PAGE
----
THE Health Services Union national secretary Kathy Jackson yesterday sacked her lawyers, appointed a new barrister and then demanded the presiding judge disqualify himself as she attempted to stop the union being put into administration.
It was another eventful day in the extraordinary saga of a union whose officials have allegedly siphoned off the dues of some of the country's lowest paid workers to fund lavish expense accounts while awarding lucrative contracts to interests owned by family and friends
The setting was the Federal Court, which appointed an interim administrator to oversee the embattled HSUeast, and the East branch of the federal HSU yesterday.
A judge also suspended its officials including the allegedly corrupt Michael Williamson - but not without a fight from Ms Jackson.
In an extraordinary two hours, Ms Jackson sacked her lawyers and appointed a new barrister who then said he could not appear. She then made a string of allegations about the conduct of the case so far, including an application that the presiding judge disqualify himself as she had been denied procedural fairness.
The final day of submissions began with the court learning that Ms Jackson's lawyer would no longer take part in the hearing, a statement from Harmer Lawyers revealing later that they had given her ''certain advice'' but she had ''decided to seek alternative advice''. Justice Geoffrey Flick was then informed well-known barrister David Rofe, QC, would appear for Ms Jackson.
Mr Rofe began with an apology to the court that he was not wearing his silk robes as they were being cleaned, then requesting an adjournment for a week to get across the material.
But already frustrated with the hold-up, Justice Flick gave him first five minutes, then another 15, to get certain instructions from his client about the future course of the case.
He said he had already ''reached a sufficient state in my own mind that whatever may ultimately happen, there's a sufficient basis at the present to justify the making of the order [to appoint an administrator] on an interim basis''.
After the brief adjournment, Mr Rofe said he, too, would be withdrawing as Ms Jackson's counsel as the judge had not given him enough time to make such a decision.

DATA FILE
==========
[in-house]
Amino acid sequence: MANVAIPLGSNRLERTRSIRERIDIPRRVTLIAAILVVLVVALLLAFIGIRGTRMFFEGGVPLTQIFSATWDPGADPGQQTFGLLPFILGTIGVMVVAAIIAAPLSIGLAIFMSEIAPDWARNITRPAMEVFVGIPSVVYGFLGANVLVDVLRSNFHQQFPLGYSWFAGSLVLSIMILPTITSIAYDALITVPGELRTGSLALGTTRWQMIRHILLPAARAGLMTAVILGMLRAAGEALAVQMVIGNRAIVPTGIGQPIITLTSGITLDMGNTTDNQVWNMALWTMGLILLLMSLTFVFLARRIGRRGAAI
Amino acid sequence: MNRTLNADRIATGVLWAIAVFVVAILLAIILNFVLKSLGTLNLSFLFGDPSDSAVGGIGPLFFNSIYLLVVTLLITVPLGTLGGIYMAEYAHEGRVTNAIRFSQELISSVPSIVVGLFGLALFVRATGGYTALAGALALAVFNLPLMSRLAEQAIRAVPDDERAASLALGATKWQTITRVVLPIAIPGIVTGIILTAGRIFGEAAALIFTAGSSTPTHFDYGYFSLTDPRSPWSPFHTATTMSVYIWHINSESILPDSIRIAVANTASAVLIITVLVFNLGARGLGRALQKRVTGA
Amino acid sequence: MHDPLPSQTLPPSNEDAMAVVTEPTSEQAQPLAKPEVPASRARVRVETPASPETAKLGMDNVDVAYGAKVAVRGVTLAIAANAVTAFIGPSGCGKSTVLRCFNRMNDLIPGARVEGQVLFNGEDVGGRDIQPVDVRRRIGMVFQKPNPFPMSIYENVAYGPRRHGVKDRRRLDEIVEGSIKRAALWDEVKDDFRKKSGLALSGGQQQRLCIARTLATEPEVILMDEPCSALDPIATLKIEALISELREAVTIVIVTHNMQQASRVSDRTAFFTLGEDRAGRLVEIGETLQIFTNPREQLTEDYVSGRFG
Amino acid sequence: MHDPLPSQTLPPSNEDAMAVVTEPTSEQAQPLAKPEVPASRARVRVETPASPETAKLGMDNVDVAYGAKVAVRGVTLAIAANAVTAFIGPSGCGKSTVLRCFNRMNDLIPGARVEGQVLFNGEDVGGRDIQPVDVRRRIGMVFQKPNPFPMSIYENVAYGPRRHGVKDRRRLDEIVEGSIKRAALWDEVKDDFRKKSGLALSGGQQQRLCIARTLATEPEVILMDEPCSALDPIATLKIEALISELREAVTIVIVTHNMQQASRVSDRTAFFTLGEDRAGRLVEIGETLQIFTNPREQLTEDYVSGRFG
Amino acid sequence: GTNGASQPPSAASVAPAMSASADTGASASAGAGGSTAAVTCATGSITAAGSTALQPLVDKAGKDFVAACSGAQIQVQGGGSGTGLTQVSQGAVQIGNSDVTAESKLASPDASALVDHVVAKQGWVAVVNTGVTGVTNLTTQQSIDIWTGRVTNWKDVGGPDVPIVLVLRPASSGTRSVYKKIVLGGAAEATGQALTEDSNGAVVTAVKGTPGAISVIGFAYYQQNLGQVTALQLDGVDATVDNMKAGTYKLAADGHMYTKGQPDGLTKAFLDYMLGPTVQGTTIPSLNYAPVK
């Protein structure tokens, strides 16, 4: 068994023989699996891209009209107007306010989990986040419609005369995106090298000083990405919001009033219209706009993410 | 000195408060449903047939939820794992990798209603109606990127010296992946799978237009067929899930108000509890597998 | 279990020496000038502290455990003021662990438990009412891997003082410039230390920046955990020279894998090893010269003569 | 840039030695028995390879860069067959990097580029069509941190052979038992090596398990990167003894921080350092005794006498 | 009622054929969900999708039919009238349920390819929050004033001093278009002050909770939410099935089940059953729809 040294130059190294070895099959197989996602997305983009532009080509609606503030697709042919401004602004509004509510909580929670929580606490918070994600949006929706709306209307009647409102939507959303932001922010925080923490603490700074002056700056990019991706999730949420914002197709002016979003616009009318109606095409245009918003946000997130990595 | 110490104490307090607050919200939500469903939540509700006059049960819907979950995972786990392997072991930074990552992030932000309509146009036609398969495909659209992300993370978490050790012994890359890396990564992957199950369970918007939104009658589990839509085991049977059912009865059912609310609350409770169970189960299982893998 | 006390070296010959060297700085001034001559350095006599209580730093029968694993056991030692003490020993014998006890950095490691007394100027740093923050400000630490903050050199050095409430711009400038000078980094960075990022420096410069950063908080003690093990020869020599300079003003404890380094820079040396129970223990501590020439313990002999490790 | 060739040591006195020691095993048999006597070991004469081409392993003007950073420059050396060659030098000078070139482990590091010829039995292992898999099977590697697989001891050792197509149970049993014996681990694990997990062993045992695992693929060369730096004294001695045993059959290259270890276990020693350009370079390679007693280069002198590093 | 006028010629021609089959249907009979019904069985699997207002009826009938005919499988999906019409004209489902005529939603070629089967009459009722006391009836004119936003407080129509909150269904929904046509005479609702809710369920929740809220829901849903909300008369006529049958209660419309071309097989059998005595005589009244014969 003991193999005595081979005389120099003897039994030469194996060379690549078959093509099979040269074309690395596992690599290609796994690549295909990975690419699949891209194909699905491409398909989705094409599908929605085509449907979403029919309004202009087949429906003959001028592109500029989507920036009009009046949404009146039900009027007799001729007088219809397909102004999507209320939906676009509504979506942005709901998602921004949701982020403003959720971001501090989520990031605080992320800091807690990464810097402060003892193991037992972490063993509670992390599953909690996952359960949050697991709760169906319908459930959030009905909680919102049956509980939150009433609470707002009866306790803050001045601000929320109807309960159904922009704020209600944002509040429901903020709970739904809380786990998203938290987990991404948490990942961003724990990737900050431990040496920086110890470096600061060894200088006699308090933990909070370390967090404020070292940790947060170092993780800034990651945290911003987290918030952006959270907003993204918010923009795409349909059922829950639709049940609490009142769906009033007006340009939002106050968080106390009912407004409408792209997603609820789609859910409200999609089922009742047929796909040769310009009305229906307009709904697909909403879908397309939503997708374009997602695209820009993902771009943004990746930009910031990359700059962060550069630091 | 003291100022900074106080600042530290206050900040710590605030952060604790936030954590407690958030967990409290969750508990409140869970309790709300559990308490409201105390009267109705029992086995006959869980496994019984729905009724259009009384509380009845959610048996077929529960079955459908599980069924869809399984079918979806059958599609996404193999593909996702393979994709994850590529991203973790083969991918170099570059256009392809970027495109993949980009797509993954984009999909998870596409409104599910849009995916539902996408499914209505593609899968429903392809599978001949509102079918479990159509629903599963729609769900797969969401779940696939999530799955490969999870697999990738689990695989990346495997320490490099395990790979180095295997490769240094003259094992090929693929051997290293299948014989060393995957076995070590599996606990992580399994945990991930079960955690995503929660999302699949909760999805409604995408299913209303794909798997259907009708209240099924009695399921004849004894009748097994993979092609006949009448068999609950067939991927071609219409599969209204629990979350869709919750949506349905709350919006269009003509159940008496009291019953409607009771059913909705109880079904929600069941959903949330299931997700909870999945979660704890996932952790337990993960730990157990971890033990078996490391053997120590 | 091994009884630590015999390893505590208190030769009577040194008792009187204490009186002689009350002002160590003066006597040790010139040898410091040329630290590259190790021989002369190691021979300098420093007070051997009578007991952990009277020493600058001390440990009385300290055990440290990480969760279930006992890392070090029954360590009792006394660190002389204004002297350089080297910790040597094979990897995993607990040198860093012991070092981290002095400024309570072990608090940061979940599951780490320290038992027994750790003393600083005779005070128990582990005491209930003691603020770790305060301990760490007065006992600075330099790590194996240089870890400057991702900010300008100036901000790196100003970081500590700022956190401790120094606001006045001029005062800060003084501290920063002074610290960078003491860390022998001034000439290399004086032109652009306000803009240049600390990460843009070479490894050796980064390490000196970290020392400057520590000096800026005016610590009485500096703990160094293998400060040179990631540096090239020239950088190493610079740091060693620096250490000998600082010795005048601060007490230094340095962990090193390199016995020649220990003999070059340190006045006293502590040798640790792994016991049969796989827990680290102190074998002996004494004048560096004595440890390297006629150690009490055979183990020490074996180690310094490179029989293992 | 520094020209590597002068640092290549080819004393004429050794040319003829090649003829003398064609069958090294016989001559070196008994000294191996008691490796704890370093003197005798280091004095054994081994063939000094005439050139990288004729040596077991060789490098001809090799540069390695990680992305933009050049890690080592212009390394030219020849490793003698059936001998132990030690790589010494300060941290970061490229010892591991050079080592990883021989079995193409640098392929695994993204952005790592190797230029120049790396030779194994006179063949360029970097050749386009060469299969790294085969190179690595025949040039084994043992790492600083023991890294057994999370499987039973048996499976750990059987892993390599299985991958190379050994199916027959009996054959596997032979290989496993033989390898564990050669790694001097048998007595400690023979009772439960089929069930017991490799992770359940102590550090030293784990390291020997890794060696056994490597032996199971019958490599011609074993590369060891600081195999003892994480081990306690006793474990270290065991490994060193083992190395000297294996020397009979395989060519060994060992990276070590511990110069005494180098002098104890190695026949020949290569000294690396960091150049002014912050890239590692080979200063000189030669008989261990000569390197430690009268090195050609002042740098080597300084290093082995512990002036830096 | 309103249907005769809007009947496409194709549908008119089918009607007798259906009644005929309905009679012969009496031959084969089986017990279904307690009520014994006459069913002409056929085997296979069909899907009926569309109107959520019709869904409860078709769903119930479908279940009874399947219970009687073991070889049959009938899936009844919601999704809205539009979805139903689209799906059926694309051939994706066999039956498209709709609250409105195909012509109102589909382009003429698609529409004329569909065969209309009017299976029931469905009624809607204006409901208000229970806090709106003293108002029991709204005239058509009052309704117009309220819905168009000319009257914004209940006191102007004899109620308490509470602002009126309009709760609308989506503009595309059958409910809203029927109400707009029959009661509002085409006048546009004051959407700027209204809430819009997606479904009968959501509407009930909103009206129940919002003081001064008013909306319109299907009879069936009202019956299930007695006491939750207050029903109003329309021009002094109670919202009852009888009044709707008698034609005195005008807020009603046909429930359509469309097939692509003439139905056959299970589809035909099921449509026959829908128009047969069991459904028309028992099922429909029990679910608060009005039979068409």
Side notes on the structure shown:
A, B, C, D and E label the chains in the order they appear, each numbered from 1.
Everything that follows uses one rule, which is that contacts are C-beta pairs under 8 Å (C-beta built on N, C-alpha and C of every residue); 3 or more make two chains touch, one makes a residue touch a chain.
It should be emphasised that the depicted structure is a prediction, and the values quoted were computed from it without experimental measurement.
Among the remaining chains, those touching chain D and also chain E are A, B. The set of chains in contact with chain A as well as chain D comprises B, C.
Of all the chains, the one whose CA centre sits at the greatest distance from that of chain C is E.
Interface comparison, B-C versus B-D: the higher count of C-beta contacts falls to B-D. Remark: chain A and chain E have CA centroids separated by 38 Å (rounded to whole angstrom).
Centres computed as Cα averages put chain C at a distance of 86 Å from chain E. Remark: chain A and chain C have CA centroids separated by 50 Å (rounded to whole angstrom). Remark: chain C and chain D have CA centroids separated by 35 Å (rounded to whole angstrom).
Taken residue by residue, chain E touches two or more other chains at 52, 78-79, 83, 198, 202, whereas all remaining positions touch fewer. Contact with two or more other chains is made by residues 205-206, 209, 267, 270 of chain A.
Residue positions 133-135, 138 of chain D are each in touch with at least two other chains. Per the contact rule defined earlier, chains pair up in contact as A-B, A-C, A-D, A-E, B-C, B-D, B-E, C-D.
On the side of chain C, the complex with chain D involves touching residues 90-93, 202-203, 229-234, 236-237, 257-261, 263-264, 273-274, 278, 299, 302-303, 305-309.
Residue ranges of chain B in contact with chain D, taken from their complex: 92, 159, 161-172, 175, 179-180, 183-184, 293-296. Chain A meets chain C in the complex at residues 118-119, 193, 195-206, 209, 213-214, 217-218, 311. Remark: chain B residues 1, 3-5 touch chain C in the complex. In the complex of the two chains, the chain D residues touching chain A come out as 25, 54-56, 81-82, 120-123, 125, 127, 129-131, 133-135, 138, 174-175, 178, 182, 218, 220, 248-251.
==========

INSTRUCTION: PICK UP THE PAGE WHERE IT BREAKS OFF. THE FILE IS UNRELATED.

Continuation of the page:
''In 57 years of practising at the bar table I have never been put in such a position … this is outrageous,'' Mr Rofe said.
Approaching the bar table herself, Ms Jackson said she wanted Justice Flick to disqualify himself as there was an ''apprehension of bias''.
Ms Jackson said she wanted her affidavit of June 1 to be read in full by the court and said: ''I want to call all the witnesses.'' She also argued that the choice of administrator was purely political, as Justice Moore was ''connected with the [federal workplace relations] minister [Bill Shorten] and we need an independent administrator.''
Ms Jackson said Mr Shorten was representative of the ALP government, and that HSU members were ''disgusted'' with the Labor Party's handling of the Craig Thomson affair, and this would only disenfranchise them further.
Justice Flick rejected her application that he disqualify himself, instead allowing her to return to the court next Friday to present her case for an effective reopening of the proceedings that might allow her to call evidence ahead of his final decision.
Ms Jackson tried a second time, saying Justice Flick should remove himself as she had been denied procedural fairness. However, Justice Flick told her she could make that application again next Friday.
At times, he was clearly frustrated. ''Ms Jackson this is more in the nature of a press release,'' he said. He added on another occasion: ''Ms Jackson I'm not going to be interrogated by you, please sit down.''
Along with the administrator's appointment, Justice Flick ordered ''all officers of the HSU East branch be enjoined from exercising any powers under the rules of the HSU in respect of the offices held by them''. In particular, they must within seven days ''return to the administrator all property [including credit cards] of the HSU in their possession''.